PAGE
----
China’s Nov new yuan loans seen rebounding on policy support


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BEIJING — China’s new yuan loans likely rebounded in November from the previous month as the central bank seeks to bolster slowing growth in the world’s second-biggest economy, according to a Reuters poll.

Chinese banks are estimated to have issued 1.35 trillion yuan ($194.29 billion) in net new yuan loans last month, more than doubling the 615.2 billion yuan in October, according to the median estimate in the survey of 26 economists.

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That would be higher than the 1.27 trillion yuan issued in the same month a year earlier.

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The People’s Bank of China (PBOC) cut the reserve requirement ratio for banks by 25 basis points (bps) effective from Dec. 5, to free up more funds for lending.

This is the second such move this year, releasing about 500 billion yuan in long-term liquidity to prop up a faltering economy hit by record COVID-19 cases and lockdowns.

China on Wednesday announced sweeping changes to its tough anti-COVID regime, loosening rules that curbed the spread of the virus but sparked protests and hobbled economic activity. It also recently announced a slew of measures to ease a funding crisis for real estate developers that has weighed heavily on the property sector.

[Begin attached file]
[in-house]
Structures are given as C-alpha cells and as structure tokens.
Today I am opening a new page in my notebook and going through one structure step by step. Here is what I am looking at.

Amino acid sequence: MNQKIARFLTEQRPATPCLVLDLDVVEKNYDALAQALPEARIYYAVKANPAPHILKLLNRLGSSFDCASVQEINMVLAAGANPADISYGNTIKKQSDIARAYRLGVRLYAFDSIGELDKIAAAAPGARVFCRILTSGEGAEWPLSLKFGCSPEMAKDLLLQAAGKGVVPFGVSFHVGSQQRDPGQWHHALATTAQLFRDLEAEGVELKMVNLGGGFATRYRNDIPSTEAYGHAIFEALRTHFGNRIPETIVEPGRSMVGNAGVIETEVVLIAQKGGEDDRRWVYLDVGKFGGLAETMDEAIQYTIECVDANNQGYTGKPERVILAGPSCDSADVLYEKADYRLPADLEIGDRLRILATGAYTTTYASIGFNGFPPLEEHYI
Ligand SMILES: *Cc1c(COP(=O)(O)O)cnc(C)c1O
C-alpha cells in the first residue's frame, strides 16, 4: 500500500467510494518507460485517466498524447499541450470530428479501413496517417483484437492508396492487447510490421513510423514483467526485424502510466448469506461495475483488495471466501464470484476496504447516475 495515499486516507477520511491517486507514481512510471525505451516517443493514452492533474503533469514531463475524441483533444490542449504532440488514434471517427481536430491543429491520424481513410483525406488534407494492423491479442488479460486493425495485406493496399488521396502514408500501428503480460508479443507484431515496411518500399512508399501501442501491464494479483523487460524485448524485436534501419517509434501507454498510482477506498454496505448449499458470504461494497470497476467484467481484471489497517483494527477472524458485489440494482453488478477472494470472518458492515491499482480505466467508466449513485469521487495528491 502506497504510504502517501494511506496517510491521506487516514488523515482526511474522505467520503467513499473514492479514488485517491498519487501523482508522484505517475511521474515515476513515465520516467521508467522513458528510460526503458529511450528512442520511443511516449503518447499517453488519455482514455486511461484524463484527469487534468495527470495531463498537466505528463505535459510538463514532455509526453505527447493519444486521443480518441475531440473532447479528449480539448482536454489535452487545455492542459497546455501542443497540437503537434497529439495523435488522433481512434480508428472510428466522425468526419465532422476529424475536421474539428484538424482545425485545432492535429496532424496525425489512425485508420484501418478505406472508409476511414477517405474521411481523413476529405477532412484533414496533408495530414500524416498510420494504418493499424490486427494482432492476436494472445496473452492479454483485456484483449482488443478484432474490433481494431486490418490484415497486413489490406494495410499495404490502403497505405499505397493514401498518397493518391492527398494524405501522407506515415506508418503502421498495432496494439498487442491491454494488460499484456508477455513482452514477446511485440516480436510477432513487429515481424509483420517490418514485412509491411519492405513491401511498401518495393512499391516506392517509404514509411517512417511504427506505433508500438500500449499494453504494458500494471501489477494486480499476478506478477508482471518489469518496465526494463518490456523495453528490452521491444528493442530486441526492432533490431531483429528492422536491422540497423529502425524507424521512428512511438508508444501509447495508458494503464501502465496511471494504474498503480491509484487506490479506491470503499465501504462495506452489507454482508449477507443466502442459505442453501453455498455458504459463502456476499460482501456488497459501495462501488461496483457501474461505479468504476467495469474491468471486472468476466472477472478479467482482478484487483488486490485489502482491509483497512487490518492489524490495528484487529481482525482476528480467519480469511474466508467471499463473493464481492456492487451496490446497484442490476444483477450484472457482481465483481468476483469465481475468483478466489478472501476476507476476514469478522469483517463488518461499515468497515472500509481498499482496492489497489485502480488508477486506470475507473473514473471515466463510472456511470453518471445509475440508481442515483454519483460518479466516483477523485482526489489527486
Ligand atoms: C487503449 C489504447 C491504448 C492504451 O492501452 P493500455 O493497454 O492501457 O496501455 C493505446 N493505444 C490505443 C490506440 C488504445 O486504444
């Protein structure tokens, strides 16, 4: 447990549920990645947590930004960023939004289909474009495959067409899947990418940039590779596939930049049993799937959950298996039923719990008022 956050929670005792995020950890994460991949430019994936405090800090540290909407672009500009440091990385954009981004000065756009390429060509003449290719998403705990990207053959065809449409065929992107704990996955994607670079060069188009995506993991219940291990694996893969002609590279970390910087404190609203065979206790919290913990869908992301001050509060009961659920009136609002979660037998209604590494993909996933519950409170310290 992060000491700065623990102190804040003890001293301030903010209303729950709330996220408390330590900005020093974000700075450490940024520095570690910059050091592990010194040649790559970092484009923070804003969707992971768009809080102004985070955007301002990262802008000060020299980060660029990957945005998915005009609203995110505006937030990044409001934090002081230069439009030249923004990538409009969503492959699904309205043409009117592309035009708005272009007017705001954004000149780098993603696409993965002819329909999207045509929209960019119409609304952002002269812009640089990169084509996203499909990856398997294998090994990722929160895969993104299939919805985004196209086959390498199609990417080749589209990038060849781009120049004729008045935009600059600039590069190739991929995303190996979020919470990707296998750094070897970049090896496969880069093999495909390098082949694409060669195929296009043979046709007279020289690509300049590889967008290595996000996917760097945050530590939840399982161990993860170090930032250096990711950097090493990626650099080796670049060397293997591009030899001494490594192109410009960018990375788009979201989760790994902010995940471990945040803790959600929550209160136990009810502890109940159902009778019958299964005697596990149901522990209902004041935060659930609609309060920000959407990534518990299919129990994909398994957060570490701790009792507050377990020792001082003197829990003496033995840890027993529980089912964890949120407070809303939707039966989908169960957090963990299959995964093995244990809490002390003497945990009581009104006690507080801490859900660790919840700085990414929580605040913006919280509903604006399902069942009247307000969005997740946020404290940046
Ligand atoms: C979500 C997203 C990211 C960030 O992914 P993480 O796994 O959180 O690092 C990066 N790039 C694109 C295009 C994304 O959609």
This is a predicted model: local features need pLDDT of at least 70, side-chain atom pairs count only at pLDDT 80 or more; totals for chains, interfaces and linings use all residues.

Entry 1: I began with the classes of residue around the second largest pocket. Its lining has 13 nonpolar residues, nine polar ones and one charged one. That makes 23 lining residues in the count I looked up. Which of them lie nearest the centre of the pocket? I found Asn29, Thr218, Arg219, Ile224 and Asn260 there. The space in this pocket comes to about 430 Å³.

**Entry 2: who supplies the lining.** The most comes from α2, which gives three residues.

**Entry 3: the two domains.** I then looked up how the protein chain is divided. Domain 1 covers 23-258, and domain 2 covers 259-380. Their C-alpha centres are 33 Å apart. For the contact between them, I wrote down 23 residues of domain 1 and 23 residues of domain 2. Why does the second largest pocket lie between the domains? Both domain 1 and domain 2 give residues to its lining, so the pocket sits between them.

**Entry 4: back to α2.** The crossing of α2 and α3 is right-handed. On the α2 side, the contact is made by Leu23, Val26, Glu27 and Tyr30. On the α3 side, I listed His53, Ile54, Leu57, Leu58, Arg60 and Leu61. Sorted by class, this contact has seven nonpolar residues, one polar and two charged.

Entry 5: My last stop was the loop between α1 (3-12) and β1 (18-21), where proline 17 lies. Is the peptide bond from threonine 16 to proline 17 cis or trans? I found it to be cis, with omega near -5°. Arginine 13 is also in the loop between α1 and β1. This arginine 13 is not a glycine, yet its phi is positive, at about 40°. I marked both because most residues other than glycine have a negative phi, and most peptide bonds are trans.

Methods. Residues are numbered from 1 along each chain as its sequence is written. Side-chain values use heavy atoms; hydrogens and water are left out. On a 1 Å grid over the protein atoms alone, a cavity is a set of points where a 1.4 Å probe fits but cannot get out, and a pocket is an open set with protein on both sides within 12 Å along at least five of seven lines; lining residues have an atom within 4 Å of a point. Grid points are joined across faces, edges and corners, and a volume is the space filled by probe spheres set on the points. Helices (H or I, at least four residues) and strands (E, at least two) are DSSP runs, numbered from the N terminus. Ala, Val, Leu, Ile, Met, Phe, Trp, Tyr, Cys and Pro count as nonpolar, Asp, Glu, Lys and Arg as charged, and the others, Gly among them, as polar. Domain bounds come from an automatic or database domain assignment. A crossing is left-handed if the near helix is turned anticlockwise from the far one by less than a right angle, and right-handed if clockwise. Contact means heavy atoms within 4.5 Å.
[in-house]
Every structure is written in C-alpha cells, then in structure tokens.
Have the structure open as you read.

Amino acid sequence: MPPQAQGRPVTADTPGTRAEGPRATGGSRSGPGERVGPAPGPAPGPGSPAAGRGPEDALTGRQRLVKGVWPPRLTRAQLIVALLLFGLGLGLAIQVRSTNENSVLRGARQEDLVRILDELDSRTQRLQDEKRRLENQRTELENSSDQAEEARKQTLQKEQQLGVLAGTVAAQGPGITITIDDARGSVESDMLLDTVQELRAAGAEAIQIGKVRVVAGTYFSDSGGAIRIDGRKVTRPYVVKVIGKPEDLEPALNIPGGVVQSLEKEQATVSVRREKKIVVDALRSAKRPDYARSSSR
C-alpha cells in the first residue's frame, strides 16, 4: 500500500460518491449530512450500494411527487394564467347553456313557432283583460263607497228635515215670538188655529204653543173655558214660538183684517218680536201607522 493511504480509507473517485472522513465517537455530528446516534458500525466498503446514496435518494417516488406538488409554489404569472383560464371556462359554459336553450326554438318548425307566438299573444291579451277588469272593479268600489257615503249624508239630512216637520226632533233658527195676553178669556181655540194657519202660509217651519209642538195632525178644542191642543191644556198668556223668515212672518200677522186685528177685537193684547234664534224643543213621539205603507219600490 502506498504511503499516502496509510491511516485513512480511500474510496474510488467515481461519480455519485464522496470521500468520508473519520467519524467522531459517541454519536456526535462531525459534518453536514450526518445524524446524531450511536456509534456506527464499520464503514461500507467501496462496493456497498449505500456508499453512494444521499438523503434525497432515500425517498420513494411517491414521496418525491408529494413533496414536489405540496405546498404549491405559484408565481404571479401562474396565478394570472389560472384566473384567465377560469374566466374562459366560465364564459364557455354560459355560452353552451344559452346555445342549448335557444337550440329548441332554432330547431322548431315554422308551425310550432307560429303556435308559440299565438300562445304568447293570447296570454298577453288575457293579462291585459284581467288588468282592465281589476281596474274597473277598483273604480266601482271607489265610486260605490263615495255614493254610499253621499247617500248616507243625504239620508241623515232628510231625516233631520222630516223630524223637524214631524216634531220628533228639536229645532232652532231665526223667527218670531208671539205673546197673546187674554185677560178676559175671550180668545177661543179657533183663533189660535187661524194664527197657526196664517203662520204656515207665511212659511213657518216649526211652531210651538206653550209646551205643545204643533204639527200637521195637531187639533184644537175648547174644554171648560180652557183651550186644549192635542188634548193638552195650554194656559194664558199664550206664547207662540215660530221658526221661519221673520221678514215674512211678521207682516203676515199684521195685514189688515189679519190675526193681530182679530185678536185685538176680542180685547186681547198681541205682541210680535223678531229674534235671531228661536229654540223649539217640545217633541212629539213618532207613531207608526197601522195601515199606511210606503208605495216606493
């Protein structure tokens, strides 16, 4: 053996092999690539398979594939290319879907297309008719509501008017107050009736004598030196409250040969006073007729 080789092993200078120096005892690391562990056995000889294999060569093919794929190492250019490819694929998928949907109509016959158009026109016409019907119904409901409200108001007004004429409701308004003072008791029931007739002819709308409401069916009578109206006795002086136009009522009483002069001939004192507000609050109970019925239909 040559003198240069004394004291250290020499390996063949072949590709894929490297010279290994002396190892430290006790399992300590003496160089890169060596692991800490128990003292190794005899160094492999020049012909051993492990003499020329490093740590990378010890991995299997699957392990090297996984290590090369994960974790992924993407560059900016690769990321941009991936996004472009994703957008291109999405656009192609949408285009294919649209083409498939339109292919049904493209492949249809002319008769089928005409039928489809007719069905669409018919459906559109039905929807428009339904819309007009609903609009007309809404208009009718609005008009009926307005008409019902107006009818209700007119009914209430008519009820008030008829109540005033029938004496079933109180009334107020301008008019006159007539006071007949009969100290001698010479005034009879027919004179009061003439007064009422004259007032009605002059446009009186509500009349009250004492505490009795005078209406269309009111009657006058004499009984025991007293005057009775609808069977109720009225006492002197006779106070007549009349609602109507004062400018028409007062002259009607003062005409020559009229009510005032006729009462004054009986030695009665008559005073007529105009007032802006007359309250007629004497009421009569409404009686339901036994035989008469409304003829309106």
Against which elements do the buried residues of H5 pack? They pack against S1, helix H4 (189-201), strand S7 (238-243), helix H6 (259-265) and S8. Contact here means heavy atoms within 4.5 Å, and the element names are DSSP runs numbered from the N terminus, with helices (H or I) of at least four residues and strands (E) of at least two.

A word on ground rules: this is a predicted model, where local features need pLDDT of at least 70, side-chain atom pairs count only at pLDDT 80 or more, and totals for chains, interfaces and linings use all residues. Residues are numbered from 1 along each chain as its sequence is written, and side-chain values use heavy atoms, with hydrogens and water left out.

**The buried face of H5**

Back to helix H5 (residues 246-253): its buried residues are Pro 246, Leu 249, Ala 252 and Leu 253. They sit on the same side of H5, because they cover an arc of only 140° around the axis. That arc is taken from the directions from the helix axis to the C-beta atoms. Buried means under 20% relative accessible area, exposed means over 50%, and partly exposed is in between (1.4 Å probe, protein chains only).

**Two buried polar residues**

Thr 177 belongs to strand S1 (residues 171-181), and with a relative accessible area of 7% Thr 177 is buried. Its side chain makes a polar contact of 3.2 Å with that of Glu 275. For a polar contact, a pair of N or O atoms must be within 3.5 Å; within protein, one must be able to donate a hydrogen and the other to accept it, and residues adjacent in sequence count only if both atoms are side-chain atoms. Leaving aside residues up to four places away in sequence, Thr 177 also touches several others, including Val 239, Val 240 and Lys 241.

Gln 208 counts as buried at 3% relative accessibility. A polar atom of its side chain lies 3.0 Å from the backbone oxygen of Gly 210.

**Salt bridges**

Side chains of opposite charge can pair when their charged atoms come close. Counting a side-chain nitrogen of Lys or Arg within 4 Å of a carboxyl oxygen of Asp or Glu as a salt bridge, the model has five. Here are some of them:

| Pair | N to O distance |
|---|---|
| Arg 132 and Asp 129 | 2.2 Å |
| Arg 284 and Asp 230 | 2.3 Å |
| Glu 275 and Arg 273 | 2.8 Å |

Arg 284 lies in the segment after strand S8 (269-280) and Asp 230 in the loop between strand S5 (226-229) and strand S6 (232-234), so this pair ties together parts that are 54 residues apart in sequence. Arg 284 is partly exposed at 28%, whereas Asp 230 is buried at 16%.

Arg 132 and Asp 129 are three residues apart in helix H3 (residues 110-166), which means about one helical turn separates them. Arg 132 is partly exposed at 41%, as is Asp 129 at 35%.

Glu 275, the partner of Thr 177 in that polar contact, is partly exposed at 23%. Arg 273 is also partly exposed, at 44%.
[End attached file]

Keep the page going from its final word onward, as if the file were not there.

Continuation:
But economists say the road to recovery may be long and bumpy, especially if new infections surge and global demand continues to weaken.

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In 2023, the government will focus on stabilizing growth, employment and prices, while preventing and defusing major systemic risks, the Politburo, the country’s top-decision making body, said this week.

China’s economy grew just 3% in the first three quarters of this year, but an annual meeting next week of top policymakers is expected to aim higher.

Government advisers told Reuters last month they would recommend 2023 growth targets ranging from 4.5% to 5.5%, while a central bank adviser said last month that China should set a target no lower than 5%.

Outstanding yuan loans were expected to grow by 11.1% in November from a year earlier, the same pace as in October, the poll showed. Broad M2 money supply growth in November was seen at 11.7%, down from 11.8% in October.

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Local governments issued a net 3.98 trillion yuan in special bonds in the first 10 months, the finance ministry data have shown, as authorities accelerated special bond issuance for infrastructure to prop up the economy.

Any acceleration in government bond issuance could help boost total social financing (TSF), a broad measure of credit and liquidity. Outstanding TSF rose 10.3% in October, down from 10.6% in September.

In November, TSF is expected to rise to 2.1 trillion yuan from 907.9 billion yuan in October. ($1 = 6.9485 Chinese yuan renminbi) (Reporting by Judy Hua and Ryan Woo; Editing by Kim Coghill)



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